Avon Calling, Freedom Rings!
And she did! When I lifted her out, her arm came up in a bent position to her forehead. It was good to have an ice breaker for this latest arrival. I almost felt as if I should be down on one knee before her. A Schoenhut! A SCHOENHUT.
Albert Schoenhut was a German immigrant who opened a toy factory in Pennsylvania in 1872. He started making dolls in 1911. Schoenhut dolls are not composition. They’re carved completely of wood and have steel spring hinge joints. They truly are works of art.
And now here I was in the presence of one such gem, staring up at me with those big blue eyes.
Her name is Freedom, she is O.L.D. (Once-Loved Doll) No. 71, FIFTH in the Sewickley Series, and you can see her adoption page HERE. This is how her story began…
“I have one more O.L.D. that really should go to a new home,” sweet Diane, giver of that wonderful group of Sewickley dolls (so named because they come from Sewickley, PA) instant messaged me a little over a month ago.
No matter how an O.L.D. arrives, I’m always happy to see her, and the Sewickley dolls have been especially sweet, so I was of course pleased to see these words.
Then Diane continued, “I don’t know if you would be interested in her because she’s a wooden Schoenhut, a little bit older than 1930s composite girls…”
Reader, my heart both leapt and plummeted. I have always, always wanted a Schoenhut and had never even touched one before, let alone seen one in real life. It would be very hard to let her go. Diane’s next words stopped me in my tracks.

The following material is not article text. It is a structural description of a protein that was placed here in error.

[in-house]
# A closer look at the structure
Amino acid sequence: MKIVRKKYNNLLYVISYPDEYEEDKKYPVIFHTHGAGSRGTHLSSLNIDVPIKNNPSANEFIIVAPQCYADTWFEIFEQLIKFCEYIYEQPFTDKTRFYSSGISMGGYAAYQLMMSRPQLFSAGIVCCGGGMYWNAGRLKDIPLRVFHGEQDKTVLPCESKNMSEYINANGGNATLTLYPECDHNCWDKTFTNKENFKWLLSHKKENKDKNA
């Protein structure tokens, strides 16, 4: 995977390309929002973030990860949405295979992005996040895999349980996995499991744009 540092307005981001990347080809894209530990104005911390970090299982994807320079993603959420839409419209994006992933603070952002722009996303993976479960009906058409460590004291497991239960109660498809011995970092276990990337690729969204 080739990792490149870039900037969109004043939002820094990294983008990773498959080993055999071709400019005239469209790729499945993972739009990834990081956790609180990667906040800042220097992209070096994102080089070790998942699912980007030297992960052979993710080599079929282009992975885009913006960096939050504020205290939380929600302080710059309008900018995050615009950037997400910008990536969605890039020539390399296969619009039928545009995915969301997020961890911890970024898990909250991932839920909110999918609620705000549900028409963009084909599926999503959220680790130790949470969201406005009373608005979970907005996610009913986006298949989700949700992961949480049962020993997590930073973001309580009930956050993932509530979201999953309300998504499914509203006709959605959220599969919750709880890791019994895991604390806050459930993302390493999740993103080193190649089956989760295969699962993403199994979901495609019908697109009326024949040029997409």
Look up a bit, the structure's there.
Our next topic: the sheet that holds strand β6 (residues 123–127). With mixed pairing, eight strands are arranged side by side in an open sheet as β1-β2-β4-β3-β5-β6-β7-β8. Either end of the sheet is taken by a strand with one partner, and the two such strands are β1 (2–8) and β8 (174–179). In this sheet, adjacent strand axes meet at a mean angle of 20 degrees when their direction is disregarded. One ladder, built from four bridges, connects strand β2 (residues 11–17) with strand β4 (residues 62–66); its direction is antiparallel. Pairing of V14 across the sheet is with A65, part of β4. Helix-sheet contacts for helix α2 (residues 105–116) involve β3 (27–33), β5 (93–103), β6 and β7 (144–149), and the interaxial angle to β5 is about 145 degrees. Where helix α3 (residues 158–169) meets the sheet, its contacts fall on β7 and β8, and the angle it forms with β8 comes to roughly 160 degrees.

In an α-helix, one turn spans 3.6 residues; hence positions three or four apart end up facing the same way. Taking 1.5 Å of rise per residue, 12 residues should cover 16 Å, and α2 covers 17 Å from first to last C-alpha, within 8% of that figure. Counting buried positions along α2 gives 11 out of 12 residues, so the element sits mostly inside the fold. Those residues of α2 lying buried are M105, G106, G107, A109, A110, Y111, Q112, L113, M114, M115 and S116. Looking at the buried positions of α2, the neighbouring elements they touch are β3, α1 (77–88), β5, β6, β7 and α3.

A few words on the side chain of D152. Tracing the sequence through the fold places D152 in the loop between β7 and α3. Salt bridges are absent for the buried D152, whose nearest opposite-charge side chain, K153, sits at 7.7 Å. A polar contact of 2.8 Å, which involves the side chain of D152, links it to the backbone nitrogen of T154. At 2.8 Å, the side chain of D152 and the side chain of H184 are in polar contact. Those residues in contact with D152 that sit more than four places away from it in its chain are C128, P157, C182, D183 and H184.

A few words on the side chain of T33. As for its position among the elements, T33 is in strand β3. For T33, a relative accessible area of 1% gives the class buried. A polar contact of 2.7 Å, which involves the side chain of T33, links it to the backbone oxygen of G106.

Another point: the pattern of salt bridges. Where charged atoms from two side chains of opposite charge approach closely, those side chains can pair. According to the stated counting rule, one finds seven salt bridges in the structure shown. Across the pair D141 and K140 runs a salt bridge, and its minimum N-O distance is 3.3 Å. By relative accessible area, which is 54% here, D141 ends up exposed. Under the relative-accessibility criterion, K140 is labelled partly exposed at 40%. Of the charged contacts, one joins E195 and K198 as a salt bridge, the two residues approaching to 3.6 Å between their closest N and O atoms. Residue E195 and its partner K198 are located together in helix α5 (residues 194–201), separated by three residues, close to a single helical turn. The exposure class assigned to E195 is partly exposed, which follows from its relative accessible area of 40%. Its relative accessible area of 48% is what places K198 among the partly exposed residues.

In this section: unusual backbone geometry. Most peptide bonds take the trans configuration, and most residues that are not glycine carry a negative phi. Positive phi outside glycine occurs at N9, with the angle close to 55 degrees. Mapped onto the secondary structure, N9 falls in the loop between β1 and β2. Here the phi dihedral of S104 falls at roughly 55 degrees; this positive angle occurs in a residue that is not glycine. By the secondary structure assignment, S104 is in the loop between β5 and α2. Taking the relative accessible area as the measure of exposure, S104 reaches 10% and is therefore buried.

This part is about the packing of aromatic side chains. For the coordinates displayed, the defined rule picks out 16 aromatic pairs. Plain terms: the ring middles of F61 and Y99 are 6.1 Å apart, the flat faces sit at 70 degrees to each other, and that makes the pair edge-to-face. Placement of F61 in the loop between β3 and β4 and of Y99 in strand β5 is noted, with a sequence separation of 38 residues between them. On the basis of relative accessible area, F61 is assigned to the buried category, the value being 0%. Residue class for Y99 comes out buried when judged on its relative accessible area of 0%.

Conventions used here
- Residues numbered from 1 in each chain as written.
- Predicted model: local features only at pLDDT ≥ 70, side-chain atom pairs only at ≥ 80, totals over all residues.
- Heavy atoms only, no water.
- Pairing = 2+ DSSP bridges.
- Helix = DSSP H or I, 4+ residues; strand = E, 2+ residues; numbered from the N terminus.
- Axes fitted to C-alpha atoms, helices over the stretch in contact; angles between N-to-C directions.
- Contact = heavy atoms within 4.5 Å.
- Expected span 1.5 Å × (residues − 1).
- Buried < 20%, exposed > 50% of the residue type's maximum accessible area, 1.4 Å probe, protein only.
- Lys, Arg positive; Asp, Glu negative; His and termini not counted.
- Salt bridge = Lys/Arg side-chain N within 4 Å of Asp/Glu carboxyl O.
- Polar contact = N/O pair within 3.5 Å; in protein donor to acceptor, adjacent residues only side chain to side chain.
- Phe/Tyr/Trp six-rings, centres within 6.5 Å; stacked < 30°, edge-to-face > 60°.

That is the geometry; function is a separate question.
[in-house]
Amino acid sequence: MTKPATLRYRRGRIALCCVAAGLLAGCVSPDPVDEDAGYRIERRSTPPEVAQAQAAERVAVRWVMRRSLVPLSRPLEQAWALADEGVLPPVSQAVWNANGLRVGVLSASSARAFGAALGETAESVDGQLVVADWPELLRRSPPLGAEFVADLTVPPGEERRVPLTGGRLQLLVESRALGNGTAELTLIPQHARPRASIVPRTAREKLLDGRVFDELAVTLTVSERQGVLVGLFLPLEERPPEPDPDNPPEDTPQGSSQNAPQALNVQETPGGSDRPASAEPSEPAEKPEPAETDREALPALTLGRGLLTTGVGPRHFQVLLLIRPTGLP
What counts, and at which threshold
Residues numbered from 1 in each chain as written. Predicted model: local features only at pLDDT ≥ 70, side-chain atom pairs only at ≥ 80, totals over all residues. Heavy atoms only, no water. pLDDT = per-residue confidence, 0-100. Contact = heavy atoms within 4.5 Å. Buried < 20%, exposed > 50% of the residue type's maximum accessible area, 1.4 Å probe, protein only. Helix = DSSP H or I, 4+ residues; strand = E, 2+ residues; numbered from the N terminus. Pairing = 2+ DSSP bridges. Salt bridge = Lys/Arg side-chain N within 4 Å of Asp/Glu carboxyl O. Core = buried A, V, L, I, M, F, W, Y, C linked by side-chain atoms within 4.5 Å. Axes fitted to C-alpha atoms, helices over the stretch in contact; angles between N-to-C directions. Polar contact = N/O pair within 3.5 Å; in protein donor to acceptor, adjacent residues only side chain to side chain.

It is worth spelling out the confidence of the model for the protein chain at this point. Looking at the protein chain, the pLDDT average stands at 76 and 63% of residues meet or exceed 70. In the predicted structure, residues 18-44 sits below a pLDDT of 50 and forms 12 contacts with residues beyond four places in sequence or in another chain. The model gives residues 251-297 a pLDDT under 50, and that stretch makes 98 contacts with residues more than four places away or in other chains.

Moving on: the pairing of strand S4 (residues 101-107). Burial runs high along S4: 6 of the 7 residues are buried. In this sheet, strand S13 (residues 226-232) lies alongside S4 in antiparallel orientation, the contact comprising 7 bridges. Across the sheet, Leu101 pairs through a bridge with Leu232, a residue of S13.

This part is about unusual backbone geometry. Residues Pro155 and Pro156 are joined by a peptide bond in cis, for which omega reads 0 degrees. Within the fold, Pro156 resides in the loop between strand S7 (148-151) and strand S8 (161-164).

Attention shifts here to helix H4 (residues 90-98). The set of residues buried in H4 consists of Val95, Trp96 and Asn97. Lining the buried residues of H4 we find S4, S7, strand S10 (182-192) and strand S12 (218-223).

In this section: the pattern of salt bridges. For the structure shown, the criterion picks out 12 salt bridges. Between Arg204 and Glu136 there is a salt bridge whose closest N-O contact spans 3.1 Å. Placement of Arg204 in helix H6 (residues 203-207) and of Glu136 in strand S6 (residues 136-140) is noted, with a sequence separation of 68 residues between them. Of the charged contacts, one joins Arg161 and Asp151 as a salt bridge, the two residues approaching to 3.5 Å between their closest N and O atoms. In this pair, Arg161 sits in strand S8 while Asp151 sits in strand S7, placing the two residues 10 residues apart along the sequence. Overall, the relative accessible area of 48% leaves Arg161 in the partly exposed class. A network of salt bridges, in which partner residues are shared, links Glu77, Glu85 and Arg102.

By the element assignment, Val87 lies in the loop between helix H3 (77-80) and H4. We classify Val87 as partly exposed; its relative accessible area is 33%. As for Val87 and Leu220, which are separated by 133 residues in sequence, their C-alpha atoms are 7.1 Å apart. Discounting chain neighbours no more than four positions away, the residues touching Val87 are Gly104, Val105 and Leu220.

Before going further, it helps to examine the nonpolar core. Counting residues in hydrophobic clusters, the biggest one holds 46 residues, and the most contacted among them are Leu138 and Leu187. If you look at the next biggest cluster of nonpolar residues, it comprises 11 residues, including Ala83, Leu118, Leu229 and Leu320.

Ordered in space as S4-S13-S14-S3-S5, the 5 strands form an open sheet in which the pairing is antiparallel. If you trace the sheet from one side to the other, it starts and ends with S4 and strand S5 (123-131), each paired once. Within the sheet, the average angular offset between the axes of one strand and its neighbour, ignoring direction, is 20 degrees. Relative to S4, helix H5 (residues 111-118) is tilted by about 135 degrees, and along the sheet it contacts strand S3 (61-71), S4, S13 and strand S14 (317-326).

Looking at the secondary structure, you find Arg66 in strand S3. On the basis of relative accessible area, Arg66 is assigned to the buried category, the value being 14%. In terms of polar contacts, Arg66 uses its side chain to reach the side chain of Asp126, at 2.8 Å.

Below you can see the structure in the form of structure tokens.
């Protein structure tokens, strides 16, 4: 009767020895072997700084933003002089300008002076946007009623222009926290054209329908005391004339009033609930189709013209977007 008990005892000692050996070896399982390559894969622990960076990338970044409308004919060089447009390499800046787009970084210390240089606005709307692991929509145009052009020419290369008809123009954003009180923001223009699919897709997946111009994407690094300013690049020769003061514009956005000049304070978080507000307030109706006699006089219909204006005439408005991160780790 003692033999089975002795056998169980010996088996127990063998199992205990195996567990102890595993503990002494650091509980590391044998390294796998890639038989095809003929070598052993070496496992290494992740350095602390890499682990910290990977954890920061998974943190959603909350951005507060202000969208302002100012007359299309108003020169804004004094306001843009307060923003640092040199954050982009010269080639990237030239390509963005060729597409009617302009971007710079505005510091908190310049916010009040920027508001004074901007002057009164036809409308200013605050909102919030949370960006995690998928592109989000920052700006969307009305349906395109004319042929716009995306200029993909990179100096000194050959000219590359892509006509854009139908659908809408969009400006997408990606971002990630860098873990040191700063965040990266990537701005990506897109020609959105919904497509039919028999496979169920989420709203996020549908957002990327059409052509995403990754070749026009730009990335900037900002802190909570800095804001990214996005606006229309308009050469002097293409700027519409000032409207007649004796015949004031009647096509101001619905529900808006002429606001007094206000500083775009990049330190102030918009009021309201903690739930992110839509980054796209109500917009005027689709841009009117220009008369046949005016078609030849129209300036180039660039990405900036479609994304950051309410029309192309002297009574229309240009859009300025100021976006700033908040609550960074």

“You can keep her if you want.”
Fast forward and backwards: Several months ago Julie, my wing woman when it comes to thrift stores, came to me with three small vintage flags she’d found: An American flag, a Marine Corps flag, and a P.O.W. flag.
“Thank you!,” I said. “I’m going to do a Memorial day O.L.D. one day…”
Well, that day had arrived. I was surveying the throng before me to see who would receive the special honor. It was not something to take lightly. I confided to Julie that I wished I had a doll who could salute. Then *clench!* I remembered: I do…
Like many of the Sewickley dolls, Freedom came with a lot of clothes. Lovely old clothes that I can’t look too closely at. How’d they do that? With all the tiny, perfect stitches? Even the buttonholes are hand sewn!
As for the Avon reference, “Avon calling!” was always a familiar refrain growing up. Both because my mother sold Avon for many, many years (with seven kids to raise, you did what you could!), and because it’s a family name. My grandmother was named Avon, and one of my sisters has it for her middle name.
If you’re familiar with the Avon lady, you’ll remember these:
‘Member those? I used to love them! My mom would let me have one every now and then. I felt so grown up.
Well, it turns out, those little mini lipsticks have been around awhile! And like many things, they weren’t always encased in plastic! See if you can spot them in this picture here:
Can you? They make perfect little bullets or some such thing for Freedom’s belt! Also, remember when I took apart all those watches for the last Steampunk girl I did, Thyme? Turns out, the leftover buckles are the perfect size for dolls!
Working on Freedom was as exhilarating as it was exhausting. But, oh! I’m going to miss her.
Of course, my sacrifice is nothing compared to those men and women in the armed forces that we pay tribute to this Memorial Day. I’m thankful every day that I live in this great country.
I won’t have another O.L.D up for adoption until next Sunday. Every girl is special to me, but Freedom was especially so. THANK YOU, Diane! I will never, ever forget you! There are still more Sewickley dolls to come…
I’ve “met” so many wonderful people since I began this Hazel Twigg journey! One such person is Hillary P. of New York, NY, who adopted O.L.D. No. 71 “Fire & Rain” Taylor. Thank you, Hillary!
And with that, I leave you! Happy Friday, you’re my favorite!